This over-supply and under-capacity has also had an impact on the manufacturers themselves, with some companies not eager to produce modules at a time where there is little demand for yet more panels. Ember reports that in the first quarter of this year, Chinese companies have cancelled or delayed around US$8.3 billion of planned manufacturing investments, and if this lack of appetite for consumption continues, there will be questions about the long-term viability of much of the world’s operational manufacturing capacity.

Developing overseas markets

The Ember report, however, notes that growing the solar sector in the Global South, could help alleviate this mismatch of manufacturing and deployment, and create new markets to which manufacturers can sell products, which will benefit the supply chain as a whole.

“Now, the real issue faced by the industry is not over-supply but under-deployment,” explains Dr Muyi Yang, senior electricity policy analyst for China at Ember, and one of the authors of the report. “With that in mind, the solution to support the industry resides in markets overseas, especially in the developing world.

“Investing in these markets will ensure that factories stay open during this difficult period while also helping developing countries with their own clean energy transitions. The diplomatic and economic stars are aligned.”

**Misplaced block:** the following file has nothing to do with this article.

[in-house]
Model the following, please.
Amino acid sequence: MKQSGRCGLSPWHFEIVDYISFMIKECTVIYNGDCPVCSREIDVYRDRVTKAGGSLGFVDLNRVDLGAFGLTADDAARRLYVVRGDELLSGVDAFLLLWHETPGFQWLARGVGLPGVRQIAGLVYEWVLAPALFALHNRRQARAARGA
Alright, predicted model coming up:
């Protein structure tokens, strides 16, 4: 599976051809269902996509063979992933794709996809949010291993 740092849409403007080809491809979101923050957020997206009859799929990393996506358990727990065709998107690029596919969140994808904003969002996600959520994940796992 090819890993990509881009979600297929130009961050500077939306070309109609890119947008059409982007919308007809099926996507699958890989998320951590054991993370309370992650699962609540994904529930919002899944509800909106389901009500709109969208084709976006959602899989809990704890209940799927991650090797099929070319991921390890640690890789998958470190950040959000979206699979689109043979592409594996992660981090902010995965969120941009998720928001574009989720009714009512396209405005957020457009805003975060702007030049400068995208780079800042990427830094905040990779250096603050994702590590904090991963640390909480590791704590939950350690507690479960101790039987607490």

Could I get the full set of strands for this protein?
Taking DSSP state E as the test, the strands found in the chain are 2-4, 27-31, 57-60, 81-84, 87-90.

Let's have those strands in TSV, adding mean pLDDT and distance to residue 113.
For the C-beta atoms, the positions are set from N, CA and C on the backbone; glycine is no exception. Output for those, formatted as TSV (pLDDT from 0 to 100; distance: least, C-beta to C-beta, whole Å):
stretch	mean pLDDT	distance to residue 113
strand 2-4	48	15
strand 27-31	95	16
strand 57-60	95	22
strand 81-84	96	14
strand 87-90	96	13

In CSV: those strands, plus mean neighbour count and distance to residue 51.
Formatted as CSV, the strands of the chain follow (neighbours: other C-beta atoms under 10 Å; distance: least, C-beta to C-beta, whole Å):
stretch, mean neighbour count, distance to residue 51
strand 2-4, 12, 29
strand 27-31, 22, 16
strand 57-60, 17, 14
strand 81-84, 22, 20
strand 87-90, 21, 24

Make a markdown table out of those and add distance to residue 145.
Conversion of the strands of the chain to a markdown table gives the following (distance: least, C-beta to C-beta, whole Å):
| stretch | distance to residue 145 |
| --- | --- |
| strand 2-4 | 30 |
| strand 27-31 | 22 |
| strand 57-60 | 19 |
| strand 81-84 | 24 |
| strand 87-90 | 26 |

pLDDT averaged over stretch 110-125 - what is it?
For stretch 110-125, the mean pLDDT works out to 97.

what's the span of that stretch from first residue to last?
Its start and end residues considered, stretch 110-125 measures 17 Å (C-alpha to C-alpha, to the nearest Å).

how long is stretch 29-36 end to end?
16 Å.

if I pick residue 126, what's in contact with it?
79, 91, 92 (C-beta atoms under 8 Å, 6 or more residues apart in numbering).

The Ember report suggests that deploying the entirety of the world’s spare solar manufacturing capacity could extend access to electricity to 809 million people, many of whom live in poorer countries. The report draws together 88 countries from three blocs – the Least Developed Countries, Alliance of Small Island States and Climate Vulnerable Forum – and forecasts that meeting the growing energy demand of these countries until 2030 would require the addition of just 454GW of solar capacity, around one-eighth of the total spare manufacturing capacity Ember forecasts.

Some of these 88 countries do not have access to electricity for 100% of their citizens, such as South Sudan, where just 8% of the population have access to electricity. The Ember report assessed how solar deployment demand could change, assuming that each of these countries’ access to electricity is increased to 100%, and found that this would add just 112GW of solar deployment demand.

This means that meeting the forecast growth of electricity demand of all 88 countries, and expanding their energy sectors so that all citizens have access to electricity, would require just 566GW of new solar installations.

Successfully deploying solar panels in these markets will help the world meet its climate targets, and improve access to electricity, an important part of the ‘just transition’ philosophy, which aims to improve access to power amid the decarbonisation of the world’s energy mix. Last year, Máté Heisz, director of global affairs at SolarPower Europe, pointed to the importance of delivering such a just transition in response to renewable power targets set by the International Energy Agency at COP28.

“The specific inclusion of solar, wind and storage for the first time signifies the critical role renewables must play in delivering a clean, and just energy transition this decade,” Heisz said.